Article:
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Genetica. 2007 Feb;129(2):167-77. Epub 2006 Sep 28.

Hybridization, recombination, and the genetic basis of fitness variation across environments in Avena barbata.

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  • 1Department of Biology, Dalhousie University, 1355 Oxford St, Halifax, Nova Scotia, Canada, B3H 4J1. Robert.Latta@Dal.ca

Abstract

We created Recombinant Inbred Lines (RILs) derived from a cross between ecotypes of Avena barbata associated with moist (mesic) and dry (xeric) habitats in California. Traits which were correlated with fitness across RILs mapped to the same Quantitative Trait Loci (QTLs) as fitness. However, different QTL affected fitness in different environments so that fitness was weakly correlated across environments. Recombination released considerable heritable variation both in fitness, and in ecologically relevant traits. Many traits showed transgressive segregation caused by recombination of QTL associated in repulsion phase in the parents. In addition, some traits were uncorrelated, allowing novel combinations of those traits to be created. Recombination also created heritable variation in reaction norms for at least one trait (root allocation). Altogether these results suggest that recombination can combine the most selectively advantageous genes and traits of the parents to produce broadly adapted genotypes that are capable of outperforming the parents. Indeed, two of the RILs showed higher fitness than the parental ecotypes across a range of environmental treatments in the greenhouse, but their superiority was less pronounced in the field. Although late-generation recombinants exhibited hybrid breakdown, being less fit, on average, than the mid-parent, early generation hybrids appear to exhibit hybrid vigour through the expression of dominance effects in the heterozyotes. This vigour may offset the effects of hybrid breakdown in the early generations following a cross, enhancing the opportunity for recombination to create broadly adapted genotypes. We discuss the implications of these findings to the evolution of colonizing species.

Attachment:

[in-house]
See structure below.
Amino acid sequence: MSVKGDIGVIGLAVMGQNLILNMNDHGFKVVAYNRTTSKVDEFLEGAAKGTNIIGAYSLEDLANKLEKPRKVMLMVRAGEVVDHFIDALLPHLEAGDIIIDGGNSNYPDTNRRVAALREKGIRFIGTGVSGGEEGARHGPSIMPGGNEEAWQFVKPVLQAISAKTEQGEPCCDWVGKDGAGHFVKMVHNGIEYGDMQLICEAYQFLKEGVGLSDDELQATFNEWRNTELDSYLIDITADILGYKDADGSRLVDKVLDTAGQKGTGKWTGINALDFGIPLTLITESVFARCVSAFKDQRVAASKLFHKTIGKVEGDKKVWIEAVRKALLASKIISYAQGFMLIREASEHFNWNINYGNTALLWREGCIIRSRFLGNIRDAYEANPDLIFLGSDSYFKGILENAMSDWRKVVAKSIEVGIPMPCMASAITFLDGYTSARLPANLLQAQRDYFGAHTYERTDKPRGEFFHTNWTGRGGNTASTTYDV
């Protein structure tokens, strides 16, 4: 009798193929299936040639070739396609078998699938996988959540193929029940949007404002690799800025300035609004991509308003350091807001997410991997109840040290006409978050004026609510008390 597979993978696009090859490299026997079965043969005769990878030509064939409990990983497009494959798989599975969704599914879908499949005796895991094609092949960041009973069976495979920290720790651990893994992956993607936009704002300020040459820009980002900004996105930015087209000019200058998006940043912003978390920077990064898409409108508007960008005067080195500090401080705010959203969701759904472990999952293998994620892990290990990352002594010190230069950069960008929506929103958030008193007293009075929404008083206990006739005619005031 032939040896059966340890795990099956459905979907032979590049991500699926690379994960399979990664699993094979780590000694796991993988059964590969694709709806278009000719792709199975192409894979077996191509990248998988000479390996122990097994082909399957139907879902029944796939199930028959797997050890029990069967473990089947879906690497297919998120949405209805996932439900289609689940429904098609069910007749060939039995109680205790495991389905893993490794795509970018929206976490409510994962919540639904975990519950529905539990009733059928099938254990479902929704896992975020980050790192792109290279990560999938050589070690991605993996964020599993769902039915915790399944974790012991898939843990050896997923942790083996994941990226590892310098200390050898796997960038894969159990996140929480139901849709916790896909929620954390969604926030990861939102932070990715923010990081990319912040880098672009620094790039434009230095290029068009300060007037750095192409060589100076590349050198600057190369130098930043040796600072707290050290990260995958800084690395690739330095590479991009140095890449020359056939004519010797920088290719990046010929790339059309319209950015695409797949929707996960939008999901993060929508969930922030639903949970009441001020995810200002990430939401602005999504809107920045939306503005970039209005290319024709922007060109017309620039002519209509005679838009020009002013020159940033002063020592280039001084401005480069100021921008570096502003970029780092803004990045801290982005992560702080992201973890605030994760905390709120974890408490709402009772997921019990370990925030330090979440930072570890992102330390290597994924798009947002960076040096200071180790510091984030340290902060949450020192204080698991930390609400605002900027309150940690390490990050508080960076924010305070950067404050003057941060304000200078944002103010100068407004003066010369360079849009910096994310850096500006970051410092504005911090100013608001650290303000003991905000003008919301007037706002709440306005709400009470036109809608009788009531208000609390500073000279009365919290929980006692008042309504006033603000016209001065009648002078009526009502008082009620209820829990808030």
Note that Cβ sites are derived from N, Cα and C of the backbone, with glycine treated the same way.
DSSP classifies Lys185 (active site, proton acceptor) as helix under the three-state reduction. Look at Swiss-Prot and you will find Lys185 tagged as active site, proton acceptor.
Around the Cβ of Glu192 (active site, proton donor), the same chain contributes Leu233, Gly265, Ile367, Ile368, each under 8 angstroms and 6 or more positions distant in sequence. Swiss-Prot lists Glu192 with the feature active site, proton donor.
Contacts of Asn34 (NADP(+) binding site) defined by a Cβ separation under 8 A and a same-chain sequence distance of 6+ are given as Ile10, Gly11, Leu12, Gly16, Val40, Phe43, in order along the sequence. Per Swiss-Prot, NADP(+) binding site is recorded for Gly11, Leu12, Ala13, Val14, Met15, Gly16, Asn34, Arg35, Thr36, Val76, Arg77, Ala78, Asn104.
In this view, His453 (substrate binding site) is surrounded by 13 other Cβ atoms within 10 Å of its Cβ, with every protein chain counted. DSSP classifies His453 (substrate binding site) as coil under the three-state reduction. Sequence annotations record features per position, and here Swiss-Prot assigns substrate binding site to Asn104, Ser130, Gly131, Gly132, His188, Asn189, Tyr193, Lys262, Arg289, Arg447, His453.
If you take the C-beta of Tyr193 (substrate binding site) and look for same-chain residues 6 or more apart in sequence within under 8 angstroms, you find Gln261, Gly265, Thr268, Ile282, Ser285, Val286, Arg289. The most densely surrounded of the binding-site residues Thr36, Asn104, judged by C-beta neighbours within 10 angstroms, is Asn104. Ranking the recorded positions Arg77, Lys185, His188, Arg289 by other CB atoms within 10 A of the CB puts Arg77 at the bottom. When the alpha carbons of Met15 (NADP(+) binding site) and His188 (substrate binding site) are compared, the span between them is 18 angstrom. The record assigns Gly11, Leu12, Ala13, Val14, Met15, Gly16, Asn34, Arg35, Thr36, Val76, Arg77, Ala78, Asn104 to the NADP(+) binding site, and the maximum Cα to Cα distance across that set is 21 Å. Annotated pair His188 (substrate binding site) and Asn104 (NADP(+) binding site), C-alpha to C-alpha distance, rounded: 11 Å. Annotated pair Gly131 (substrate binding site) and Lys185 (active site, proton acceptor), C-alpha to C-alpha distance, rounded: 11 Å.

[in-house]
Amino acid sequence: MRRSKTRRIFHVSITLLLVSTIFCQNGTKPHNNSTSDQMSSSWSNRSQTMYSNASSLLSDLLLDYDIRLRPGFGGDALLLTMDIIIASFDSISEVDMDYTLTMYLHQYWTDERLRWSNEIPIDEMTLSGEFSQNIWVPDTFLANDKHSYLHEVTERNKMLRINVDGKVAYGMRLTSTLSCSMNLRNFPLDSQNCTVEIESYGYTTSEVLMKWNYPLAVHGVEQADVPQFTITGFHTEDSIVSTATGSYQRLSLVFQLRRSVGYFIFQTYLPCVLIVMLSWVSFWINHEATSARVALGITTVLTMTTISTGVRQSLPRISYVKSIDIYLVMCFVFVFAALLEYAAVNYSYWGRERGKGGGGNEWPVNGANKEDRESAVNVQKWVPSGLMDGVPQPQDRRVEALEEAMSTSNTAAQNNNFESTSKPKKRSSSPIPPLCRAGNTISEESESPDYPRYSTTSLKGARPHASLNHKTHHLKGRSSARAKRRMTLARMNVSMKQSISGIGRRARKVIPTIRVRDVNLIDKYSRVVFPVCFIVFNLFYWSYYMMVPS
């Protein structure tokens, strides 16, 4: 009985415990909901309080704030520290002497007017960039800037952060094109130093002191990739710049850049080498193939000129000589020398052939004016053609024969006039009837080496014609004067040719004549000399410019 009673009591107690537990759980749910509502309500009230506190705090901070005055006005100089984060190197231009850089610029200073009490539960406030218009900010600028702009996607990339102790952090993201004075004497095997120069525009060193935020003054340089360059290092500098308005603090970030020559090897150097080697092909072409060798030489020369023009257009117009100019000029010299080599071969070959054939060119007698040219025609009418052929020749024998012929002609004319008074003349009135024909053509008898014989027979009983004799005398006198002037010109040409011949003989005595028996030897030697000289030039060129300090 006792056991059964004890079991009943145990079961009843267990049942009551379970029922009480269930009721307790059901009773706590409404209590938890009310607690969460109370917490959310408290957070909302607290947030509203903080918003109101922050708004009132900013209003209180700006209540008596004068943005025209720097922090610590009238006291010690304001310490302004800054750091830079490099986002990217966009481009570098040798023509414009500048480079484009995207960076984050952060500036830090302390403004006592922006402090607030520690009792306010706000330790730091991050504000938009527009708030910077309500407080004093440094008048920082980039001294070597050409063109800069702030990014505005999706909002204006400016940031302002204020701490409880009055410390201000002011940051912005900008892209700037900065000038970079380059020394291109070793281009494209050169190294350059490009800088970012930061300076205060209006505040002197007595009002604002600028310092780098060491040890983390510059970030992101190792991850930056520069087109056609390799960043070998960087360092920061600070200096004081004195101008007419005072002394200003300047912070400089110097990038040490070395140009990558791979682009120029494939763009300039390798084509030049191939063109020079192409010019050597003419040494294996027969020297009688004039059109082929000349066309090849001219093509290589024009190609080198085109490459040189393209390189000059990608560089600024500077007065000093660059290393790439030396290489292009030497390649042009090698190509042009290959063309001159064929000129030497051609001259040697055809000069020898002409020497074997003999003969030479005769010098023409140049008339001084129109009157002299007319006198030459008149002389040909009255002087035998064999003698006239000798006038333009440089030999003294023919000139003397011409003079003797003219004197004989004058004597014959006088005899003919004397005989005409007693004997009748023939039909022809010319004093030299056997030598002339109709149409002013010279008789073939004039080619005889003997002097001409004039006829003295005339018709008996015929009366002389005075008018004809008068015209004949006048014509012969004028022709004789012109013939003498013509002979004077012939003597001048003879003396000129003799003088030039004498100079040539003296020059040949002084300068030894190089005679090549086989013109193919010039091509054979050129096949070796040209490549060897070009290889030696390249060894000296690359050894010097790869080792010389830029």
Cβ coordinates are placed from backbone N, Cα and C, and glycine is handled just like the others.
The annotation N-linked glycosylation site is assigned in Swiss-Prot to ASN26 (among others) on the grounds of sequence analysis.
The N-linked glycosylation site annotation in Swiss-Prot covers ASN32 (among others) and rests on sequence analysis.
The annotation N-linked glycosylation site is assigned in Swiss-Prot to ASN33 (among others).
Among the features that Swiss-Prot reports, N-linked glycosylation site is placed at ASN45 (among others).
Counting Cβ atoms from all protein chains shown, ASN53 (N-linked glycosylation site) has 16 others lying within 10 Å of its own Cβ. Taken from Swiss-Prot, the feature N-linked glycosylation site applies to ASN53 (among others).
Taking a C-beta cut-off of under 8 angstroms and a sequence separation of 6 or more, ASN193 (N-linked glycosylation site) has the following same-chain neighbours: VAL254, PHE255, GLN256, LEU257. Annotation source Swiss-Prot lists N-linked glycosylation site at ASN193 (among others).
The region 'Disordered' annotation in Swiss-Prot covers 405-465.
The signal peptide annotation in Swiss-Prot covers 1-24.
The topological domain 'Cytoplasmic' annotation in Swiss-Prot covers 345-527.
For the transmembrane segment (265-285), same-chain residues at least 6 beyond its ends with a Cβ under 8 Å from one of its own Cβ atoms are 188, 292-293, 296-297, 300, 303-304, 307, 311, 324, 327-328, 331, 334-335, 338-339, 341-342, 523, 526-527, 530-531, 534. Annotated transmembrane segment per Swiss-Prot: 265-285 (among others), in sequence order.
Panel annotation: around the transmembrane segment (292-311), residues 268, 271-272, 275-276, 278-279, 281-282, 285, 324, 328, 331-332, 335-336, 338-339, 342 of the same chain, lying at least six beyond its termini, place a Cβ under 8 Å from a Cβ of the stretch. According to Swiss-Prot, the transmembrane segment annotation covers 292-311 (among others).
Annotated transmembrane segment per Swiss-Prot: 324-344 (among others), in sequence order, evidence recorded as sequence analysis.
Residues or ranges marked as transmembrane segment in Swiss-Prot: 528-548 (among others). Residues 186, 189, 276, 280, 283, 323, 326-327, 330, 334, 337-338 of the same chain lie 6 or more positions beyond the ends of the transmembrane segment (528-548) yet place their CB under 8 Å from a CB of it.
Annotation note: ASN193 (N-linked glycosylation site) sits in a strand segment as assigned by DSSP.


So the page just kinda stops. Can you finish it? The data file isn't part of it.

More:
PMID:
17006737
[PubMed - indexed for MEDLINE]
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